Background & Summary

The United States and Canada are the two largest producers and consumers of natural gas in North America1,2,3. Their natural gas pipeline network is extensive and has been developed over six decades4,5,6. Natural gas pipelines are categorized into three types, namely gathering, transmission, and local distribution pipelines. These categories exhibit notable distinctions in terms of their functions, materials, operating pressures, and other relevant parameters and factors7. The detailed information about the three types of natural gas pipelines is listed in Supplementary Table 1. According to statistics in 2021, the mileage of natural gas pipelines in the United States is about 330,000 km, and that in Canada is about 84,000 km8. In response to increasing export demands, the construction of natural gas pipelines in the United States and Canada will continue to increase steadily.

Incidents usually occur on natural gas pipelines due to corrosion, external interference, and other relevant reasons during different stages of pipeline operation, from commissioning to their decommissioning9,10,11. The predominant constituent of natural gas is methane. There exists a potential for explosions and consequential casualties in the aftermath of incidents occurring on natural gas pipelines12,13,14,15. When an incident does not cause combustion, the methane, which has a heating capacity eighty times greater than carbon dioxide, will directly release into the atmosphere16,17,18. Previous studies have analyzed the greenhouse gas (GHG) emissions from natural gas pipelines and equipment, and discussed the impact of installation and operation of natural gas transportation infrastructure on the climate19,20,21,22. However, relevant inventory works ignored the GHG emissions generated from natural gas pipelines under abnormal conditions (incidents)23,24,25. In fact, although incidents occur occasionally and the resulting GHG emissions account for a relatively small proportion of GHG emissions in regular operations, this part cannot be ignored26,27. For example, the incident that occurred in September 2022 on the Nord Stream 1 and 2 natural gas pipelines may have resulted in a release of 220,000 metric tons of methane28,29,30.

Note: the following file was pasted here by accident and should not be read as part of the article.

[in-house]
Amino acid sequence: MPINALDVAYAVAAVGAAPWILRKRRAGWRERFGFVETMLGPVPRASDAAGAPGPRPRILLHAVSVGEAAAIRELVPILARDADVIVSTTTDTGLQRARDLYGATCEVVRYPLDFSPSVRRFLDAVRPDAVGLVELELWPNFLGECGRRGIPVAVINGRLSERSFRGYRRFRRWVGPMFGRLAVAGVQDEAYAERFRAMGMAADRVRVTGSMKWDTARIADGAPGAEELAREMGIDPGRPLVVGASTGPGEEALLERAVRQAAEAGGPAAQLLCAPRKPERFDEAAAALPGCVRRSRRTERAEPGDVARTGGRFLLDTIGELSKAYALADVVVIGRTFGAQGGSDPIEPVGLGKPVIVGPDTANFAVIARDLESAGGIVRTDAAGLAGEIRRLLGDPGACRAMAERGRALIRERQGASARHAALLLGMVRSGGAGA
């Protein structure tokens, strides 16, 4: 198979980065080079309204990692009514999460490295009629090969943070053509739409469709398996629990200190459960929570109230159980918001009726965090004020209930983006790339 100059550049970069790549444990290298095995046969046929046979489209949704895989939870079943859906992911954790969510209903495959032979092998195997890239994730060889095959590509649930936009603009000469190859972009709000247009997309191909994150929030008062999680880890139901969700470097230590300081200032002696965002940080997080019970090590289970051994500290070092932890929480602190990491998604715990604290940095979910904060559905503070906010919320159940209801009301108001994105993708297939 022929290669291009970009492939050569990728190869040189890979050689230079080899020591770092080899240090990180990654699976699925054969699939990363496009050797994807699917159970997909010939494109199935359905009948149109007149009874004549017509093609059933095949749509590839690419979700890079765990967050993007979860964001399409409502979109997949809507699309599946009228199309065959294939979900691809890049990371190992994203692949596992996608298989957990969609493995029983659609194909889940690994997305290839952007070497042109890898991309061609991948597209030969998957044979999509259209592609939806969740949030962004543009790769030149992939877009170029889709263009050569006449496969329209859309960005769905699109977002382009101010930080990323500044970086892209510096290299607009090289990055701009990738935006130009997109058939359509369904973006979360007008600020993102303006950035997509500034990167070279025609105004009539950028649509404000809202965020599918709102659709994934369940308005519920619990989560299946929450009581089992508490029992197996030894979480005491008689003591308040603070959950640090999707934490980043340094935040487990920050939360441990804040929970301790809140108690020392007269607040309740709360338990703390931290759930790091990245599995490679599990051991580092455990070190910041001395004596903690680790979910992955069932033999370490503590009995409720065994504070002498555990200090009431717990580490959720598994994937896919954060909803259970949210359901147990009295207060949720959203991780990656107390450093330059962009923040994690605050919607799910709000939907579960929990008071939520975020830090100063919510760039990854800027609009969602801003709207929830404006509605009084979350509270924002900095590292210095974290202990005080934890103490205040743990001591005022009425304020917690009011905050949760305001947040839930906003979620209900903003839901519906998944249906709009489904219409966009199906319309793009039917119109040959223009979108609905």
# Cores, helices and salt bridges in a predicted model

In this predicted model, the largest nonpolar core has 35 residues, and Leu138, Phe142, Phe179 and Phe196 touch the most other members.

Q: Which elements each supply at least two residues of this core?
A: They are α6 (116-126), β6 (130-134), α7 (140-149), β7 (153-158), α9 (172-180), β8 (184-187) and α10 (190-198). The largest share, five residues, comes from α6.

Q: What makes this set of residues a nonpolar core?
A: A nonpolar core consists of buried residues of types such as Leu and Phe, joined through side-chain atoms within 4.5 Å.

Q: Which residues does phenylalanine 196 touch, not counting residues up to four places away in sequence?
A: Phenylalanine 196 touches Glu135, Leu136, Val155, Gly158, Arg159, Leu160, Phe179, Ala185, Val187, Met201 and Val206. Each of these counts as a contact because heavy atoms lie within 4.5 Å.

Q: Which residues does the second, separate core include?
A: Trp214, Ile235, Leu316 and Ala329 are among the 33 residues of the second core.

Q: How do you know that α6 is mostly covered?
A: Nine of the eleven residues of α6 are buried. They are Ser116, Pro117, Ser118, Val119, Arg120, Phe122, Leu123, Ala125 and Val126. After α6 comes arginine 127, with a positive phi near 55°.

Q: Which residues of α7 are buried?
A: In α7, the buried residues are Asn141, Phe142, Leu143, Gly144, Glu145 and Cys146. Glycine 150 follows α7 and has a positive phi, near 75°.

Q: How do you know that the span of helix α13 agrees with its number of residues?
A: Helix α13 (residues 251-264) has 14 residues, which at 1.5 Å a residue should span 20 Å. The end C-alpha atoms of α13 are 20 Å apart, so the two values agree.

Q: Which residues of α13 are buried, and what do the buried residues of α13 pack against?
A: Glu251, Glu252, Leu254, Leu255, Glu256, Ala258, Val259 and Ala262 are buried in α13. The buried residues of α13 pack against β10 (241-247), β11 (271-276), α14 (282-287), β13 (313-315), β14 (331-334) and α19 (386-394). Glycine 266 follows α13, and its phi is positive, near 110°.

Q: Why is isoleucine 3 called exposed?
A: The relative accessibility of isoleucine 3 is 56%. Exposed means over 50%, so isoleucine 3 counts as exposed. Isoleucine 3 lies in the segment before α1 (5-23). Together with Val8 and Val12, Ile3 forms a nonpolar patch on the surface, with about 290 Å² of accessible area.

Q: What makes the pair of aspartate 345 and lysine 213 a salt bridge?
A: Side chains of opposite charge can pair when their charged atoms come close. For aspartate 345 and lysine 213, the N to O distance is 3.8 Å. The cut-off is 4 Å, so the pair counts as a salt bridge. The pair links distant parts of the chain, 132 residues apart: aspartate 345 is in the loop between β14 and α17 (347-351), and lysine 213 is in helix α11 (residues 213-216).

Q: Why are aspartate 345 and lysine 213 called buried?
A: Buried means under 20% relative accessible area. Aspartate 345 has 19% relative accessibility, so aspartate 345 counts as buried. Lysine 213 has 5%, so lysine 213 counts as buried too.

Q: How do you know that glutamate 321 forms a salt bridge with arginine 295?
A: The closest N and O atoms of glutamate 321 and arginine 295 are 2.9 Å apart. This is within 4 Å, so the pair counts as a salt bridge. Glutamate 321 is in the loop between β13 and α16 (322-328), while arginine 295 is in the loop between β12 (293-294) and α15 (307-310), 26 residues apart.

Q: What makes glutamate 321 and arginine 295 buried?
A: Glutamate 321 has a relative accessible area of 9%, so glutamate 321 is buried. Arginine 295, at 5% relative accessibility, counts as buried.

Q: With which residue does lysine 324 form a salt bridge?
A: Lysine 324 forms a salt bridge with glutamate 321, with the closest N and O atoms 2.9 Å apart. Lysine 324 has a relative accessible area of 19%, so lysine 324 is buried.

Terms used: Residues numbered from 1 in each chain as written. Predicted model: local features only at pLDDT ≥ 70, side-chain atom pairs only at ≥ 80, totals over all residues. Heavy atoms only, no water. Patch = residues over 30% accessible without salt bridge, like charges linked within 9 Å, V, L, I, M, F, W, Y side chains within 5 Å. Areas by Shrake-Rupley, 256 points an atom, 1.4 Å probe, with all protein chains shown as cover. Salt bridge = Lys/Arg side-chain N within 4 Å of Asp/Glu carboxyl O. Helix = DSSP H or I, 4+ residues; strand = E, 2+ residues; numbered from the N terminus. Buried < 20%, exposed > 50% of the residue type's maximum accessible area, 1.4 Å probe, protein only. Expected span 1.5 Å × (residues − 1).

To understand the GHG emissions caused by natural gas pipeline incidents in the United States and Canada, this study develops a GHG emissions inventory of natural gas pipeline incidents in the United States and Canada from 1980s to 2021 using Monte Carlo simulation. The dataset is used to show the total GHG emissions from natural gas pipeline incidents in specific states or provinces at a macro level. The developed dataset defines carbon dioxide emissions from natural gas combustion as well as direct methane emissions. In comparison to previous datasets, the dataset developed in this work (1) quantitatively determines the GHG emissions that were not analysed previously; (2) considers and defines the uncertainty associated with the original datasets using Monte Carlo simulations; (3) consider the substantial amount of missing data in the existing datasets from the United States and Canada, and eliminates the analysis limitation; and (4) while the United States’ pre-2010 and Canada’s pre-2008 GHG emissions records were not paid sufficient attention, estimates the values for GHG emissions resulting from natural gas pipeline incidents dating back to the 1980s.